Early cinematic master takes viewers to hell and back

Print Friendly, PDF & Email

Born in Naples on January 10, 1869, Giuseppe de Liguoro is credited with creating epic films that reached beyond the borders of his country.

Among the iconic silent films he directed during the second decade of the 1900s are “L’Inferno” and “L’Odissea.” Both were released in 1911.

Giuseppe de Liguoro (Photo courtesy of Museo Nazionale del Cinema – Torino)

“L’inferno” was roughly adapted from the first part of Dante Alighieri’s “Divine Comedy” and was Italy’s first completed feature film. The project took more than three years to make and was directed by Liguoro, Adolfo Padovan and Francesco Bertolini.

The gruesome story is set in the depths of Hell as Dante is guided through the “Nine Circles” by the poet Virgil. During their journey, they come in contact with whole host of characters, from the three-headed Cerberus to the flying serpent Geryon. They witness the devil savagely eating people, harpies eating the bodies of those who committed suicide, a man forced to carry his own severed head and people covered in lava. As limited as the options at the time may have been, the visuals are quite stunning and give testament to the ingenuity of the special effects crew.

The film premiered in Naples at the Teatro Mercadante on March 10, 1911. It was deemed an international success, grossing more than $2 million in the United States.

This year marks 700 years since the death of Alighieri. In remembrance, the Uffizi Galleries in Florence has made 88 images available on its website. The very first image is from Inferno. For a virtual tour, click here.

The following version of “L’inferno” has a modern soundtrack:

Directed by the same three filmmakers, “L’Odissea” was produced for the world’s fair of Torino to mark the 50th anniversary of the Unification of Italy. Based on Homer’s “Odyssey,” it premiered in the United States the following year and was hailed for launching “a new epoch in the history of the motion picture as a factory of education” by Moving Picture World, a trade journal for the American film industry.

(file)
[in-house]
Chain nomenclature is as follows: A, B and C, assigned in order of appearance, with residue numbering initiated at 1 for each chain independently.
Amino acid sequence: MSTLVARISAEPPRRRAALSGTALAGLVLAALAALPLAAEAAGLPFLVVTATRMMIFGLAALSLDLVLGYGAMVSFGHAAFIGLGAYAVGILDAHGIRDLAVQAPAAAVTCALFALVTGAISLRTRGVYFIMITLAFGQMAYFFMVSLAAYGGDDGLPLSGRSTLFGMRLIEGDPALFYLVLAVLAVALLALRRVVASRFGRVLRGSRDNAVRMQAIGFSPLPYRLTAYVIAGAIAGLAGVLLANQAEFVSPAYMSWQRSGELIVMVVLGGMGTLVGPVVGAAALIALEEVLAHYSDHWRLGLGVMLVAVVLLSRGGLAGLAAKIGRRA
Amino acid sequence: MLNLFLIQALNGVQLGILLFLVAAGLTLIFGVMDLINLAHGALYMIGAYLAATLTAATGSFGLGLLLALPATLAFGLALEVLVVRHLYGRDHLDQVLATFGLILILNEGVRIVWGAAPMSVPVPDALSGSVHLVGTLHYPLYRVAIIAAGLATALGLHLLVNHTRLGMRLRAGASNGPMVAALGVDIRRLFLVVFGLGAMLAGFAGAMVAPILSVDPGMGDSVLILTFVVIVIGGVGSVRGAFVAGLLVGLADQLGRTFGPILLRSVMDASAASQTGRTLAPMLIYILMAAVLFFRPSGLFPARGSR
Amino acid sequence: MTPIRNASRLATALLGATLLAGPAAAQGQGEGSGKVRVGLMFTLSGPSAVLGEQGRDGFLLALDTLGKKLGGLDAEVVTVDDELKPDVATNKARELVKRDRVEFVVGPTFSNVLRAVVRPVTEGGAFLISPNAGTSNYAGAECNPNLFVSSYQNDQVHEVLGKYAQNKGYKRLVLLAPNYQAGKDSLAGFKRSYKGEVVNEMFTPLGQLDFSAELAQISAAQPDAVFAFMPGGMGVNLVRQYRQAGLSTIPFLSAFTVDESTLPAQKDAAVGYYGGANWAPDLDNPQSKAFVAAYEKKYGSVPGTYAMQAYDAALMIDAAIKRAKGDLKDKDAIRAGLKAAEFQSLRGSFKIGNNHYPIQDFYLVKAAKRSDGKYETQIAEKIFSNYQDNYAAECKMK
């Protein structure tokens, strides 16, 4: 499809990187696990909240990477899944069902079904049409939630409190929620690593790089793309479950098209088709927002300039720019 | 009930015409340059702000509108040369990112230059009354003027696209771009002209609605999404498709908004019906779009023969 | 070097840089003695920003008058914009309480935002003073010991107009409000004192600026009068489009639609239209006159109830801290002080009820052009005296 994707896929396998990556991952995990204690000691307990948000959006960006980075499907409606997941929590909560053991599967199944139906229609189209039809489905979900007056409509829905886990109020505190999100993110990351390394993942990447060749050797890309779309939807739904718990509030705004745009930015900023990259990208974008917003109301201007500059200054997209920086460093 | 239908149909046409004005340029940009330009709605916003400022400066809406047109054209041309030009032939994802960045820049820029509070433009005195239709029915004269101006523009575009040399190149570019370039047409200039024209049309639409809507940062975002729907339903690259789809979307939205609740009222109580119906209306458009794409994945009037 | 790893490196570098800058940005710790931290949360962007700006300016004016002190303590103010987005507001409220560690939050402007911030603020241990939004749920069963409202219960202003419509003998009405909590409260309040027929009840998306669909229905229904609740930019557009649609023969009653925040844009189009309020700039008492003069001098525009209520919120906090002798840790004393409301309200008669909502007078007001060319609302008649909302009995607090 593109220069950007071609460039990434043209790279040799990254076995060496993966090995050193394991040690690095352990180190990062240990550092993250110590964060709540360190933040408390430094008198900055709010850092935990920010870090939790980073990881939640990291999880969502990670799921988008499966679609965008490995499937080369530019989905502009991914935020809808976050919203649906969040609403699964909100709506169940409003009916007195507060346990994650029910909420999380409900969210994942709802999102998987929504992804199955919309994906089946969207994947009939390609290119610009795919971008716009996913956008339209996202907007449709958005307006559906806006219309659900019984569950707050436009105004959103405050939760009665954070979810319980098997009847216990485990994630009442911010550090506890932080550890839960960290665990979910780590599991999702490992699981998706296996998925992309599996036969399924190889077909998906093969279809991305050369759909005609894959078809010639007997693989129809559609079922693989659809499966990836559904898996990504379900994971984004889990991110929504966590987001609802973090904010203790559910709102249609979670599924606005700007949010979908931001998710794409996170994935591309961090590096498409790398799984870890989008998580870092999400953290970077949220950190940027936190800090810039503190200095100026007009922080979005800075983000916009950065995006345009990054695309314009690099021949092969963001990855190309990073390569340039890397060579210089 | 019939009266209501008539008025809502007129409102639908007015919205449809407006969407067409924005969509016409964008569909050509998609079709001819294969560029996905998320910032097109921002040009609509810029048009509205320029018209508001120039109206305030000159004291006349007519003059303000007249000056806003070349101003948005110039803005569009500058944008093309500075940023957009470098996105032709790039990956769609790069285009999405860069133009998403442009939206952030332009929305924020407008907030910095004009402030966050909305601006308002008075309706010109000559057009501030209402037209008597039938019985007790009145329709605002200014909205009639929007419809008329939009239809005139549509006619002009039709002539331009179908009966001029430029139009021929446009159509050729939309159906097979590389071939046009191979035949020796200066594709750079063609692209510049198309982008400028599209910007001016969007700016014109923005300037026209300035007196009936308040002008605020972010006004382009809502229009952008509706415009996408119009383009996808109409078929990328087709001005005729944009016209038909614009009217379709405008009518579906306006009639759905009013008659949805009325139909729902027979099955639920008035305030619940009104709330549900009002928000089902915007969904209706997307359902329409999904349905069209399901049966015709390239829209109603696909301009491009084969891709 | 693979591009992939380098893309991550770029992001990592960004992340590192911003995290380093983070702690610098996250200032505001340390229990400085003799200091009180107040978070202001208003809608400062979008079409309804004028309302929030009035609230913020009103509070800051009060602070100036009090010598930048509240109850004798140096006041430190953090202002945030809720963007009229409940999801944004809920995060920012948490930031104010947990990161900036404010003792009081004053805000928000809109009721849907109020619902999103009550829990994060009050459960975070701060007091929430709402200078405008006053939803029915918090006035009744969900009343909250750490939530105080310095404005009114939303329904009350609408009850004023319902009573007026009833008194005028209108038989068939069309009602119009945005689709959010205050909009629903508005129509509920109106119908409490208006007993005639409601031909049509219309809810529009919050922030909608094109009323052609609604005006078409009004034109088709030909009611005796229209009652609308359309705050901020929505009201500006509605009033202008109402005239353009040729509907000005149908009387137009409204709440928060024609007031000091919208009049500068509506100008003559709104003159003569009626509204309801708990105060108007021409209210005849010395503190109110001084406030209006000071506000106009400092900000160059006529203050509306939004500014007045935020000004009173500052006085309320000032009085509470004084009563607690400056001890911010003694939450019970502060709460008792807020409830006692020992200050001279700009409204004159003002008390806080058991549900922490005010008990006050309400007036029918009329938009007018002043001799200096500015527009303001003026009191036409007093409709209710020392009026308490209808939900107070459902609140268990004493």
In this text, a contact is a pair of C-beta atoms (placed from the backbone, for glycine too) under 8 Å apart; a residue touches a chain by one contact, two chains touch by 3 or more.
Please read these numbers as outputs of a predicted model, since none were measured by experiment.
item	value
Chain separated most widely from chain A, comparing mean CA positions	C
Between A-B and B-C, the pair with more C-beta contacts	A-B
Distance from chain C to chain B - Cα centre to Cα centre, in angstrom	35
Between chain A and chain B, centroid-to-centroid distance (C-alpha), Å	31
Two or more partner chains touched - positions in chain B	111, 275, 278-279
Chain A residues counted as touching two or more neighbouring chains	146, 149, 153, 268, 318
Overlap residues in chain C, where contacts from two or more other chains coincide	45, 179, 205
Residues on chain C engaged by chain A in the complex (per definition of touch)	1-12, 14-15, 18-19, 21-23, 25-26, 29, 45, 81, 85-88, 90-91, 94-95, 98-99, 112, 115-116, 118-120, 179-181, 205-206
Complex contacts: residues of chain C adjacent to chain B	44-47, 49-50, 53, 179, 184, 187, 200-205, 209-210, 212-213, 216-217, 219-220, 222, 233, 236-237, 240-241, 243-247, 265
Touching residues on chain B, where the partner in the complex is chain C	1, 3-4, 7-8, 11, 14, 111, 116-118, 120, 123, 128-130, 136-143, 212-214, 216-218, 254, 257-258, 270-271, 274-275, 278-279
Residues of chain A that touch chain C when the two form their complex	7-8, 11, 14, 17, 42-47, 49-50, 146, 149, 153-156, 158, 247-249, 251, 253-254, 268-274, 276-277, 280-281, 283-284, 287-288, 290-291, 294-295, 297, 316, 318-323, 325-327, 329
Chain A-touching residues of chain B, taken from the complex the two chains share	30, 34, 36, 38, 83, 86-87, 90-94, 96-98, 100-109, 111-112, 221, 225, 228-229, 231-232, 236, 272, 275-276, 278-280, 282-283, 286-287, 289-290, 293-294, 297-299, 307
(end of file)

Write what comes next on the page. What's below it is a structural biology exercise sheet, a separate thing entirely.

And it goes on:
Check out the vibrant colors of this version of” L’Odissea.”

About Jeannine Guilyard

Jeannine Guilyard is a longtime correspondent for Fra Noi and the Italian-American community newspaper in Rochester, N.Y. She has also contributed to the Italian Tribune of New Jersey, Italian Tribune of Michigan and L'Italo Americano of Southern California. Jeannine wrote and directed the short film "Gelsomina," which was selected for the Screenings Program of the 59th Venice Film Festival, and she won Emmy and Peabody awards as an editor of ABC's "Special Report" following the events of Sept. 11, 2001. Jeannine is also a writer and editor for Italian Cinema Today, a publication and blog she founded in 2005 to bridge culture between New York and Italy. Follow her on Instagram at Italianartcinema and on Twitter at @ItaloCinema2day.

Check Also

Pasolini’s playground among the Roman ruins

Pier Paolo Pasolini’s 1962 “Mamma Roma” stars Anna Magnani as the title character, a Roman …

Leave a Reply

Your email address will not be published. Required fields are marked *

Want More?

Subscribe to our print magazine
or give it as a gift.

Click here for details